IOP Publishing (IOPP) is proposing to move all its owned journals to double-blind peer review, making it the first physics publisher to adopt the approach portfolio-wide.
The move is part of IOPP's dedication to tackle the significant gender, racial and geographical under-representation in the scholarly publishing process. Double-blind peer review - where the reviewer and author identities are concealed - has the potential to reduce bias with respect to gender, race, country of origin or affiliation which should lead to a more equitable system.
In 2017, IOPP began offering double-blind as an option on Materials Research Express and Biomedical Physics & Engineering Express in response to a growing author demand for the approach. The scheme saw very positive feedback, with most authors reporting it to be fairer than single-blind peer review. Since then three more IOPP journals have begun offering authors a choice of double-blind peer review and there are increasing calls from the academic community to go further.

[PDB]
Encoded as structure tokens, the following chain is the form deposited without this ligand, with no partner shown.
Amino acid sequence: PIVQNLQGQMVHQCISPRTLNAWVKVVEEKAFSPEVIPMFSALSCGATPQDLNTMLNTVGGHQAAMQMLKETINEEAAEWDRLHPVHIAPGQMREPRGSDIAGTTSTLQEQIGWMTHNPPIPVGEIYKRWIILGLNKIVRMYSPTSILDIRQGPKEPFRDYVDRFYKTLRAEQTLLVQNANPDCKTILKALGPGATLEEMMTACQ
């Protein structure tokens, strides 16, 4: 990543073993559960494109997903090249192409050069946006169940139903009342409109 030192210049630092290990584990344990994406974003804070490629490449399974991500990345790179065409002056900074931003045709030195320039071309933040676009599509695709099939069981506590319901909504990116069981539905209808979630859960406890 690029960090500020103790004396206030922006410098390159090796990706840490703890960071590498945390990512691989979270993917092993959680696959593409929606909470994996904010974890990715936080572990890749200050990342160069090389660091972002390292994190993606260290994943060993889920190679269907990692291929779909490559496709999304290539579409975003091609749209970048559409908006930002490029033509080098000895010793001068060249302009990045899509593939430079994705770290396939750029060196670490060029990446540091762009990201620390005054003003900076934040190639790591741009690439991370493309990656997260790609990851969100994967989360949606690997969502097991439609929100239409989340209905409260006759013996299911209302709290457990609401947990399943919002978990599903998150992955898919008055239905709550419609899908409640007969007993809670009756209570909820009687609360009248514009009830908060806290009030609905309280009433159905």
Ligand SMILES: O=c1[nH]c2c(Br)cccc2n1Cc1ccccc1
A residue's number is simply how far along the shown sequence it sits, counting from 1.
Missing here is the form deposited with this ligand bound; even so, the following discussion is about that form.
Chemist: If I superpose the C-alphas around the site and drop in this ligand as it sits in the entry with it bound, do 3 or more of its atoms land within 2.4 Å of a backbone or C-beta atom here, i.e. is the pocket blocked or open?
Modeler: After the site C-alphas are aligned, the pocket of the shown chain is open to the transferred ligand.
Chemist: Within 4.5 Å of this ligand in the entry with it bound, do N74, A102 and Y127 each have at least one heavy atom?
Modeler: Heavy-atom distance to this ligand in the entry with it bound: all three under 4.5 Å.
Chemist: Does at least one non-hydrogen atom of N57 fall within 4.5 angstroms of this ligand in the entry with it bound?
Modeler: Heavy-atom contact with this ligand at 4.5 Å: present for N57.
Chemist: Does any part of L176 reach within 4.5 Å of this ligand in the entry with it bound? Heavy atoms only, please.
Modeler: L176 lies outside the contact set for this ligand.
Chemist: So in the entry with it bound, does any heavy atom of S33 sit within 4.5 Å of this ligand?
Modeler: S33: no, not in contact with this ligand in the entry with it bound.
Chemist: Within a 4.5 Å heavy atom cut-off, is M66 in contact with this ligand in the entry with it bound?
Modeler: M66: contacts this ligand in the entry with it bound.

The rollout will be phased, with the first journals moving to exclusively double-blind peer review by the end of 2020. The aim will be to transition the full portfolio of IOPP-owned journals by the end of 2021.
Kim Eggleton, integrity and inclusion manager at IOP Publishing said. "We believe that keeping both the author and the reviewers anonymous will mean the research is judged more fairly, giving authors a better chance of impartial evaluation. As a learned society publisher embedded within the scientific community, we have a responsibility to do what we can to ensure equality, diversity and inclusivity within science. Not just because diversity has been shown to benefit science, but because it's the right thing to do.
"We believe that double-blind peer review is a significant step in the right direction - but it is by no means a panacea. There is a lot more work to be done. We're proud to be among the first publishers to actively move away from single-blind but this is just part of the work we are doing to help make physics a more welcoming and equitable space."